Efforts to improve the financial health of the Portland Fish Exchange met some resistance from its board of directors last week, despite warnings that the problems are severe.
The exchange has had its ups and downs this year. While catches that were small through May and June have improved in July and August, the consensus from the Portland Fish Pier Authority, the landlord for businesses on the pier, is that change is still necessary.
In June, when the authority was asked by the exchange board for financial support, it granted some funding on the condition that the business would explore bringing in an outside entity to take over management and operations. In subsequent meetings, authority Chair Meredith Mendelson urged the exchange to advance the process quickly.
Vessel Services and Bristol Seafood, businesses on the fish pier, replied to a formal Expression of Interest issued by the board; either could become the first outside entity to manage operations at the exchange since its start more than 36 years ago.
Some exchange directors balked at the potential changes in a Sept. 15 meeting. But eventually, the board voted 4-0-1 to move the process forward, with President Rob Odlin abstaining.
In an interview, Vessel Services President Alan Tracy said time is of the essence for the exchange, and while he hopes to have the opportunity to work together with the exchange, Vessel Services won’t wait long for the board to act.
He said Vessel Services has made its concerns known about a “lack of urgency” on the board. Sooner rather than later, Tracy said, the businesses have to have “an open and frank discussion” about concepts for the future and to ensure they’re on the same page going forward.
The board’s hesitation came when members were adjusting the wording of selection criteria – the method by which officials will evaluate the two expressions of interest. Portland’s waterfront coordinator, Bill Needelman, warned the directors not to be too restrictive with the criteria.
Among the listed criteria is the need for a more sustainable business model, since the exchange has lately depended on subsidies from the pier authority to help keep its doors open.
But some exchange board members see no problem with reliance on subsidies.
“What’s wrong with (the pier authority) providing the subsidies to keep the doors open?” Odlin asked.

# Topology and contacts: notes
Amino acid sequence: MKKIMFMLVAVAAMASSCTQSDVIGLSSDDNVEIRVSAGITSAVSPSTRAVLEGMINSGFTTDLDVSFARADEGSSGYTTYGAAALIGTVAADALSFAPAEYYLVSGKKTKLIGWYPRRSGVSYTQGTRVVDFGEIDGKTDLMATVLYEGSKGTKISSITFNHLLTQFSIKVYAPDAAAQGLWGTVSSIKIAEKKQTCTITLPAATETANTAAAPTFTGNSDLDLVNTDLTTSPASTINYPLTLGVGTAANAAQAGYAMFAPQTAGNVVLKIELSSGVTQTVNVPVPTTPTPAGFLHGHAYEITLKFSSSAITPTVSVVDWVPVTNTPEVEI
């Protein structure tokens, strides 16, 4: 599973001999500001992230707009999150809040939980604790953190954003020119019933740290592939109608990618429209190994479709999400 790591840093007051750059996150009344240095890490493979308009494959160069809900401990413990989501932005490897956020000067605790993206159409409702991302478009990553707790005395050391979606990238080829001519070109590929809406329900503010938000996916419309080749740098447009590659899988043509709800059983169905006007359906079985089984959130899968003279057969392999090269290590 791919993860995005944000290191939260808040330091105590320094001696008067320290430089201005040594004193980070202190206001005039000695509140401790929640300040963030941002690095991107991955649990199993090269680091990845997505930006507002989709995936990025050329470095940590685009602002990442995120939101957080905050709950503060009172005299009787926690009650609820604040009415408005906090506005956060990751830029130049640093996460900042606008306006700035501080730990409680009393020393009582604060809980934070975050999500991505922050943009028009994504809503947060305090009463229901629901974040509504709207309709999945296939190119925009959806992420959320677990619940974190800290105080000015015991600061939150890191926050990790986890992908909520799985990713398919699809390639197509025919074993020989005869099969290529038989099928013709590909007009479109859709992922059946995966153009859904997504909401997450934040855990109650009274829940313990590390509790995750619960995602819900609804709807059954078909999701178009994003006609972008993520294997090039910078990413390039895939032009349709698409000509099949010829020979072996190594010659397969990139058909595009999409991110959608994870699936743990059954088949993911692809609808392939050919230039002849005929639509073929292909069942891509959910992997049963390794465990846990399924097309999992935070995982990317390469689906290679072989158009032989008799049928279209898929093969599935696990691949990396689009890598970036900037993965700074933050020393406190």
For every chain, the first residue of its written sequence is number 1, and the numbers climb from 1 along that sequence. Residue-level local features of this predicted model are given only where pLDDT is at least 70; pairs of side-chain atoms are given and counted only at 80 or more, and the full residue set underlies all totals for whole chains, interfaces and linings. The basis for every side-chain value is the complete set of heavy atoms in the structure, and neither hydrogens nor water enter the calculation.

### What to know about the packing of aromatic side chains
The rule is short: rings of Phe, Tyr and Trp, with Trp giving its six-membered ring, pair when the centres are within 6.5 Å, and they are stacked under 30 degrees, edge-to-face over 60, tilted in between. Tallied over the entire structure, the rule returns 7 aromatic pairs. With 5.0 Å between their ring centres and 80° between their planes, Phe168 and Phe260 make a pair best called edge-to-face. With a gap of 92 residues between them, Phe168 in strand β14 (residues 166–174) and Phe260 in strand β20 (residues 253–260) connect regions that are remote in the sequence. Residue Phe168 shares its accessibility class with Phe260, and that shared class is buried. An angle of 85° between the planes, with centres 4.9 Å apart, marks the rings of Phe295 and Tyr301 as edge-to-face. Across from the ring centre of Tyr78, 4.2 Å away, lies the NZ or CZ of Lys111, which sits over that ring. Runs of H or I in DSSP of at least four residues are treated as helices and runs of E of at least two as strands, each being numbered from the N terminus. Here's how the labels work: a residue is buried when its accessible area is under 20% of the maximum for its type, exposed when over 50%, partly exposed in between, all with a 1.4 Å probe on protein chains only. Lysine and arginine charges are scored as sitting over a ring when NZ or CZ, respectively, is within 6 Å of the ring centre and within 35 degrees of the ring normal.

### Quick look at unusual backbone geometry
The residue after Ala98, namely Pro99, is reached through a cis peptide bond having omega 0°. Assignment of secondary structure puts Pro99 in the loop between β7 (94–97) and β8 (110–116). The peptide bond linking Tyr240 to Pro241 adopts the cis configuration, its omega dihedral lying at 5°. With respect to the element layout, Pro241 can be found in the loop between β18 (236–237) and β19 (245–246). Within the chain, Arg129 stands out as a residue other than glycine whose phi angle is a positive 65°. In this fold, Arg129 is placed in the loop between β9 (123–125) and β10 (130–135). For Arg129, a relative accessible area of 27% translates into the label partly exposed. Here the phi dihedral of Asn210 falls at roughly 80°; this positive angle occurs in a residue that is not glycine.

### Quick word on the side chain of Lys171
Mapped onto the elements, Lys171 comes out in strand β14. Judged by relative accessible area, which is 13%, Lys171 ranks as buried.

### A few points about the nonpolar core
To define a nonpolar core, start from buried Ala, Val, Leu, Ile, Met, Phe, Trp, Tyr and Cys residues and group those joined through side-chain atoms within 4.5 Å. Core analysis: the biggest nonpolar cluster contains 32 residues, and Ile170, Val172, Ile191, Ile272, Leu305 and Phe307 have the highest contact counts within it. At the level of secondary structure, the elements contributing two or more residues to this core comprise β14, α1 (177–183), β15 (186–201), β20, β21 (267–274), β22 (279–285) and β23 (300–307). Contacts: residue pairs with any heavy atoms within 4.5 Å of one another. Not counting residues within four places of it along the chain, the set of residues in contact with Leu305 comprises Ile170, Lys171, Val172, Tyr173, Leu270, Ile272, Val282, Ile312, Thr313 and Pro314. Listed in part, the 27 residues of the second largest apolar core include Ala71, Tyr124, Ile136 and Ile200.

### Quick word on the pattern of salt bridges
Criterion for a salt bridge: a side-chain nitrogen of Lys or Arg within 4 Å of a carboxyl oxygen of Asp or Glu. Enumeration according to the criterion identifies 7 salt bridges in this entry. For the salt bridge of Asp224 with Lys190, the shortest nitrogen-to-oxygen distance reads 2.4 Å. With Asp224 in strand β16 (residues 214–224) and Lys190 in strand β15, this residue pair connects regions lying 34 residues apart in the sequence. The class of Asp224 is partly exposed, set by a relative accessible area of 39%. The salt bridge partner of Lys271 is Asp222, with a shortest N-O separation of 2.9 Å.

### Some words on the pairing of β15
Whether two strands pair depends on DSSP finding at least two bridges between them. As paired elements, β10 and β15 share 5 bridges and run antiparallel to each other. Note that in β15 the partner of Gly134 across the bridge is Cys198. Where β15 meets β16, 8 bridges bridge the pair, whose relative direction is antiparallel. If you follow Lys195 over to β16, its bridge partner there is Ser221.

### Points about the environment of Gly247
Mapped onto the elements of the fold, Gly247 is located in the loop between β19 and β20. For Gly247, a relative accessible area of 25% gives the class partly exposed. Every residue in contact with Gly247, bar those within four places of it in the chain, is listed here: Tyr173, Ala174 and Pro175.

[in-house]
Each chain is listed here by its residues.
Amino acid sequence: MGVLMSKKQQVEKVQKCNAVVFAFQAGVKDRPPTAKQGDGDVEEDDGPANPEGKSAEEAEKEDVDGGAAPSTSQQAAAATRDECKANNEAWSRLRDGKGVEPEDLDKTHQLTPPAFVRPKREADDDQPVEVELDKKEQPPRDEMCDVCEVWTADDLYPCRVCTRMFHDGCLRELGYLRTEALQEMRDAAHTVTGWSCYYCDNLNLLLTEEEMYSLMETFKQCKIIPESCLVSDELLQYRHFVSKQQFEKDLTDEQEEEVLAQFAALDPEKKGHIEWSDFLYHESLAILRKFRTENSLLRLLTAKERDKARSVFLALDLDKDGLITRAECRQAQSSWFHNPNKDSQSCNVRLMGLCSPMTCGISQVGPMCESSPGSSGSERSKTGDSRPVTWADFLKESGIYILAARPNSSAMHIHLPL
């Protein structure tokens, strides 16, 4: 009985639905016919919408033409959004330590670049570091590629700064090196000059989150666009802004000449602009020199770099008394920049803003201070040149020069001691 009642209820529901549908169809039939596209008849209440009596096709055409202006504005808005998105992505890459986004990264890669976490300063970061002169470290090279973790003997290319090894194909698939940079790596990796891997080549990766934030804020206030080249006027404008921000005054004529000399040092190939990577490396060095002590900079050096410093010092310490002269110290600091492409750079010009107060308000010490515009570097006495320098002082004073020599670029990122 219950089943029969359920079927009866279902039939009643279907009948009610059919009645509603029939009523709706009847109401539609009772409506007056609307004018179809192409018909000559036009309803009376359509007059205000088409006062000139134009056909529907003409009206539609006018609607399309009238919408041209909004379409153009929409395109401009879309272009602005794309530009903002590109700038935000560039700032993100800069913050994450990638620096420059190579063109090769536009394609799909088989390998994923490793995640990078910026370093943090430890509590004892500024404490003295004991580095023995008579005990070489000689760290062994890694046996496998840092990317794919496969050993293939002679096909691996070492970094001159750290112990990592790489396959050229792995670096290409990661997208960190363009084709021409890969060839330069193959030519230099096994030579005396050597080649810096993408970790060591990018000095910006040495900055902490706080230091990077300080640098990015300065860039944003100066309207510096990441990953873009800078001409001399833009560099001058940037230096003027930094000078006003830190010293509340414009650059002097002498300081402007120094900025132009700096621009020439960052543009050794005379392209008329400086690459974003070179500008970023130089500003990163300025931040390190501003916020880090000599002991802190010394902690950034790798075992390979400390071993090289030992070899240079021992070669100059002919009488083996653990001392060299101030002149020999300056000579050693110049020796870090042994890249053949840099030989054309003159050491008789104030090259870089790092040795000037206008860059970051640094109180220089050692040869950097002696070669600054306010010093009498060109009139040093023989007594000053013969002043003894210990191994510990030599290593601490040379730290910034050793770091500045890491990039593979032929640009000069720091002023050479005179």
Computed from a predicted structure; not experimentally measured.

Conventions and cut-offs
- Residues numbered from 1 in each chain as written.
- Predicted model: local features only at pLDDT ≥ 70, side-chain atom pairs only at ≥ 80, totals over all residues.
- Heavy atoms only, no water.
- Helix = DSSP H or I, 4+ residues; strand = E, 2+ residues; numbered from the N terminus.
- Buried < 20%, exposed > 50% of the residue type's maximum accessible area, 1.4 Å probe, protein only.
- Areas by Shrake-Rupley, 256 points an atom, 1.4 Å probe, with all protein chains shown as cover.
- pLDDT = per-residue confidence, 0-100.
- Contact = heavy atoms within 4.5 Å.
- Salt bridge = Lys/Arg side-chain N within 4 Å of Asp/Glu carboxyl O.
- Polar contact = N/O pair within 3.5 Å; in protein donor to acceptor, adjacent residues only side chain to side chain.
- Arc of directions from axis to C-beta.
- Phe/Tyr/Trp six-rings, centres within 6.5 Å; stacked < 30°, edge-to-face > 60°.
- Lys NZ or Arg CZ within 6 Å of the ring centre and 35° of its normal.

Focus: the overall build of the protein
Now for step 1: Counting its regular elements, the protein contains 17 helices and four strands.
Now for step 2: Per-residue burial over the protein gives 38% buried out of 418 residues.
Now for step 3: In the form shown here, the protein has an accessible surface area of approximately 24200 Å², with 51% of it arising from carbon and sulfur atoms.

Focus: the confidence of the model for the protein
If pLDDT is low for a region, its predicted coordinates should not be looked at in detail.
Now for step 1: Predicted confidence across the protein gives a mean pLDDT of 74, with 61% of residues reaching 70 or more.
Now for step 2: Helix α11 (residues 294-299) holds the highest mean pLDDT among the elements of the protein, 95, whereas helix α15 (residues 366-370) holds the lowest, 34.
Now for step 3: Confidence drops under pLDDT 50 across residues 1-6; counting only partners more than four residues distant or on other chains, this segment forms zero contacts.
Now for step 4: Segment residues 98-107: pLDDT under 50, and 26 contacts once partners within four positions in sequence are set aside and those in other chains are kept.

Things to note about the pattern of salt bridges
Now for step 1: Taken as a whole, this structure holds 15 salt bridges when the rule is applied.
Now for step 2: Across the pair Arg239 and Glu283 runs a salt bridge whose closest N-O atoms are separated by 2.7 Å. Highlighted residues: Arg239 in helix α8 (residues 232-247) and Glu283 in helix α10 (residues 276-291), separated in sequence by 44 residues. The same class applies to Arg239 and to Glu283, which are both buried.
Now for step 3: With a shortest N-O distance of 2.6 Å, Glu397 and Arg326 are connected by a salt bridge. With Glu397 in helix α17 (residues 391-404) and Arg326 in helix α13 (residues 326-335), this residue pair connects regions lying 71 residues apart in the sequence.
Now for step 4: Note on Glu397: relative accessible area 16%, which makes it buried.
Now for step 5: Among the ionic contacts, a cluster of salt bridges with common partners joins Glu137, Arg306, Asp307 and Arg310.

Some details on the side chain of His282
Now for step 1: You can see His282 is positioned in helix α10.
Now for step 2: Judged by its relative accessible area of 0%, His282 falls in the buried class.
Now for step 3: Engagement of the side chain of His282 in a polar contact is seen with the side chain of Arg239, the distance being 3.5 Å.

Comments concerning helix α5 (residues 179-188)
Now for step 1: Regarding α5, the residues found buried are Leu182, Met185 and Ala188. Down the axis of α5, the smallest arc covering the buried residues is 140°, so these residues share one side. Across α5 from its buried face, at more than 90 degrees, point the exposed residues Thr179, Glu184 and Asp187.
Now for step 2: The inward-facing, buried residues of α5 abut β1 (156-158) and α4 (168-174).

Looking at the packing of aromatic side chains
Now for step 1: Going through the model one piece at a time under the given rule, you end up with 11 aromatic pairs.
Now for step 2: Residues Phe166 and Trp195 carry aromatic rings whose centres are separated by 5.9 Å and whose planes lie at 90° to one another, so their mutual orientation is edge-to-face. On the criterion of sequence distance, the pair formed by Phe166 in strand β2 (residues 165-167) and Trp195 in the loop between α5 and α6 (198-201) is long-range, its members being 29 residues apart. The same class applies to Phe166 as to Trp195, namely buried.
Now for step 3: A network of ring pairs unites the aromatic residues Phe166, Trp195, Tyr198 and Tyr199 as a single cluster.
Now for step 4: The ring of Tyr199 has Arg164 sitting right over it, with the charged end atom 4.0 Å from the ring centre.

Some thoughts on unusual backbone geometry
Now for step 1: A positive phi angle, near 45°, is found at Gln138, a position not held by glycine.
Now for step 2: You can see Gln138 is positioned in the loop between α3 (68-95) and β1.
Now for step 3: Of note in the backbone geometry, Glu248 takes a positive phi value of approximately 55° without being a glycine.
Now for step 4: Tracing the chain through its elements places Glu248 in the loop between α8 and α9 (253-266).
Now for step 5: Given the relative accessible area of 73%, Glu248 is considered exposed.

Needelman replied that subsidies aren’t sustainable and could lead to the loss of capital reserves, which would mean an inability to afford major repairs or capital improvements.
This year, the exchange has received $160,000 from the pier authority. It hopes to pay down most of its remaining line of credit with the latest subsidy.
“It was getting to the point where the projections as presented by this body would’ve bled the capital reserves dry,” Needelman said. “The numbers that came forward were dire, and it was going to come to a head.”
Board members Nick Alfiero, who owns Harbor Fish Market, and Avis Leavitt objected to making substantive changes to exchange operations and took issue with the wording of the selection criteria.
“There’s a lot of things at play here that I don’t particularly like,” Alfiero said. Both said they were caught off guard by the possibility that the exchange could continue in a model other than an auction. Prior to the vote to approve the process, the board voted 5-0 to add an amendment that requires there to be an “open and transparent groundfish auction.”
“I hate to just throw this whole thing away because the city wants to at least break even, or make money, or be sustainable,” Alfiero said.
As part of a potentially new structure, Tracy said Vessel Services would take over management of the exchange, which could eliminate the need for the board. He said the board is part of the problem that’s “gotten them where they are now,” because it creates too much distance between decision-makers and the day-to-day operation of the business.
Representatives of Bristol Seafood, the other business considering the management opportunity, couldn’t be reached for comment.